And, on that unlikely occurrence, here's yer next batch of Keith Telly Topping's Top TV Tips:

Friday 28 January
In the latest episode of Hustle - 9:00 BBC1 - the team attend the funeral of a former grifter who had a long history with them, but Ash discovers their old acquaintance has actually faked his death, Elvis-style, because he was in financial trouble. No, that's more John Darwin-style. Anyway, after the conman reveals the identity of the shady credit lender he is indebted to, the hustlers decide to stage a scam to help him and make some money for themselves in the process. Guest starring Denis Lawson (Bleak House) with, of course, Robert Glenister, Robert Vaughn, Adrian Lester et al.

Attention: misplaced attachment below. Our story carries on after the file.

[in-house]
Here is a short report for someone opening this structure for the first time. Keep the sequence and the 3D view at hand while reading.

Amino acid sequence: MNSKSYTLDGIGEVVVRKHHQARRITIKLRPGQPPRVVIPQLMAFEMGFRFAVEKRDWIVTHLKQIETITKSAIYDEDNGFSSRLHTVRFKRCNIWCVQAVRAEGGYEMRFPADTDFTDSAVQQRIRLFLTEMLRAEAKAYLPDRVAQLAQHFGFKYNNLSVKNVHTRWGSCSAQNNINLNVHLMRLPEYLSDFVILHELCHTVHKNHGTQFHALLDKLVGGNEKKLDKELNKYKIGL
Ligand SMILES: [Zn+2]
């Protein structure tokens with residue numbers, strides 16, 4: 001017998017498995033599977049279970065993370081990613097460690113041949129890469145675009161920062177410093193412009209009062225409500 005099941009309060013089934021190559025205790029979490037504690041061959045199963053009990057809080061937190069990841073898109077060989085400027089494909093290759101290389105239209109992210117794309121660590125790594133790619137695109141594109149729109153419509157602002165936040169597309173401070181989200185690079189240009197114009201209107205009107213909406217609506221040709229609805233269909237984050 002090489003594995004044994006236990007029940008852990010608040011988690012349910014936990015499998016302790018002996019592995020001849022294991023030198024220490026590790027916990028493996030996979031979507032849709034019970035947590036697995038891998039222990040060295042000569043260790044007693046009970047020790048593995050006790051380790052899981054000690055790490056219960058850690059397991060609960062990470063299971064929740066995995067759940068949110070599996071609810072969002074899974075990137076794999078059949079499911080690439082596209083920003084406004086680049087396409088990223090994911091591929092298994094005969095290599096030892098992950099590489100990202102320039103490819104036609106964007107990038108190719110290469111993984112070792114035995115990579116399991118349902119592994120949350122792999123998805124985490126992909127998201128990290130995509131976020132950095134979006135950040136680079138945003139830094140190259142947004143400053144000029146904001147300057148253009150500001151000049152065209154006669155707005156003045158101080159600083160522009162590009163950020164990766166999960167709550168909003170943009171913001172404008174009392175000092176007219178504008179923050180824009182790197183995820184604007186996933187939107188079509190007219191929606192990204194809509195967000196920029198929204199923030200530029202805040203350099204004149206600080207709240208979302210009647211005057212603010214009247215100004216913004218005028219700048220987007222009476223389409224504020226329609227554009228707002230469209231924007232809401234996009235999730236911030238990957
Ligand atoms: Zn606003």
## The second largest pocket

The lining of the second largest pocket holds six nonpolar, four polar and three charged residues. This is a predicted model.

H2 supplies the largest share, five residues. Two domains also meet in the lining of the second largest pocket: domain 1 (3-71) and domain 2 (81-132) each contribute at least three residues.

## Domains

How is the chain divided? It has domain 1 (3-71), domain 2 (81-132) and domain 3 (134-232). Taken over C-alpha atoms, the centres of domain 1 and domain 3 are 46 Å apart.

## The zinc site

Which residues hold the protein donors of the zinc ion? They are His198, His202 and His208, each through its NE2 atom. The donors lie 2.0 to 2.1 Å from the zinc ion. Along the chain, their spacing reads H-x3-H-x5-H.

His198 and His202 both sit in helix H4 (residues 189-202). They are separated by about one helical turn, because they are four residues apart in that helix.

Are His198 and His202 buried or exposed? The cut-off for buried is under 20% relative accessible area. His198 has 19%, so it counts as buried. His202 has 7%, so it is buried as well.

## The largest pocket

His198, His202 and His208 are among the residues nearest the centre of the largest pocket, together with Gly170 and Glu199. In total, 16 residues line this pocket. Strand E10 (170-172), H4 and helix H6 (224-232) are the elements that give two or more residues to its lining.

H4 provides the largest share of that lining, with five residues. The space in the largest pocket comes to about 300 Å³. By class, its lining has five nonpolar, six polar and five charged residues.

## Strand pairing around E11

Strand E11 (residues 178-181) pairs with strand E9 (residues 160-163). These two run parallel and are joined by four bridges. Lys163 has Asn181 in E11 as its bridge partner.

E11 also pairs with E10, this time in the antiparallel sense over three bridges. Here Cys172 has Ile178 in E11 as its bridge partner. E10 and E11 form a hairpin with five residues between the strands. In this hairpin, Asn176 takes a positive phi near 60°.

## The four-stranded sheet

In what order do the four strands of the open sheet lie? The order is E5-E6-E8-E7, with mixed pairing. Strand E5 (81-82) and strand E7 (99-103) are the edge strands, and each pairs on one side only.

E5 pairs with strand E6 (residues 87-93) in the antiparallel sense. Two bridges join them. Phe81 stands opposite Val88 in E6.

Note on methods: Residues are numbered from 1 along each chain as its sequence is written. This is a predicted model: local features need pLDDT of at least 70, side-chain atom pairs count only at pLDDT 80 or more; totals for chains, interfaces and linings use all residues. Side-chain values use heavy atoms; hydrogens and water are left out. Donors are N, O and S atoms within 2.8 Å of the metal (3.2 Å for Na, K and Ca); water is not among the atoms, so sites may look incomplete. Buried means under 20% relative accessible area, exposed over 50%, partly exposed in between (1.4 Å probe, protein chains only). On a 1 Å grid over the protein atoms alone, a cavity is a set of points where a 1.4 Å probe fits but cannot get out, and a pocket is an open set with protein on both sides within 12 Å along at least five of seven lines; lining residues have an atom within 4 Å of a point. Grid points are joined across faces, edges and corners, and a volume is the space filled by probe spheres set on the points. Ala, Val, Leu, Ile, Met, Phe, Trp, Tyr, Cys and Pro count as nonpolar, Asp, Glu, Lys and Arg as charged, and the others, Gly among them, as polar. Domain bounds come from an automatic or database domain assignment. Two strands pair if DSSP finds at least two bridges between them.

Tonight's episode of Dave's One Night Stand - 9:00 Dave - comes from God's Own Country, Newcastle upon Tyne, and features the queen of comedy, Sarah Millican along with Jarred Christmas and Alun Cochrane. 'My sister tells people that we're all funny in our family, but I'm the only one who gets paid for it,' notes Sarah. This performance at the City Hall last October is, truly, epic.

Saturday 29 January
In Primeval - 7:20 ITV - the team stumbles upon the stately-home wedding of ex-ARC member Jenny Lewis (Lucy Brown) while investigating an anomaly. As the bride tries to keep her past hidden from her fiance, she finds herself reliving her old role by helping her former colleagues fight a family of hyaenadons which wreaks havoc at the ceremony. Meanwhile, Becker's life becomes endangered as the hunt for Ethan continues. Hannah Spearritt, Andrew-Lee Potts and Ruth Kearney feature along with Ben Miller and Alexander Siddig. Great little show, this. Good effects, decent acting, a nice sense of humour and ... tragically, no one's watching.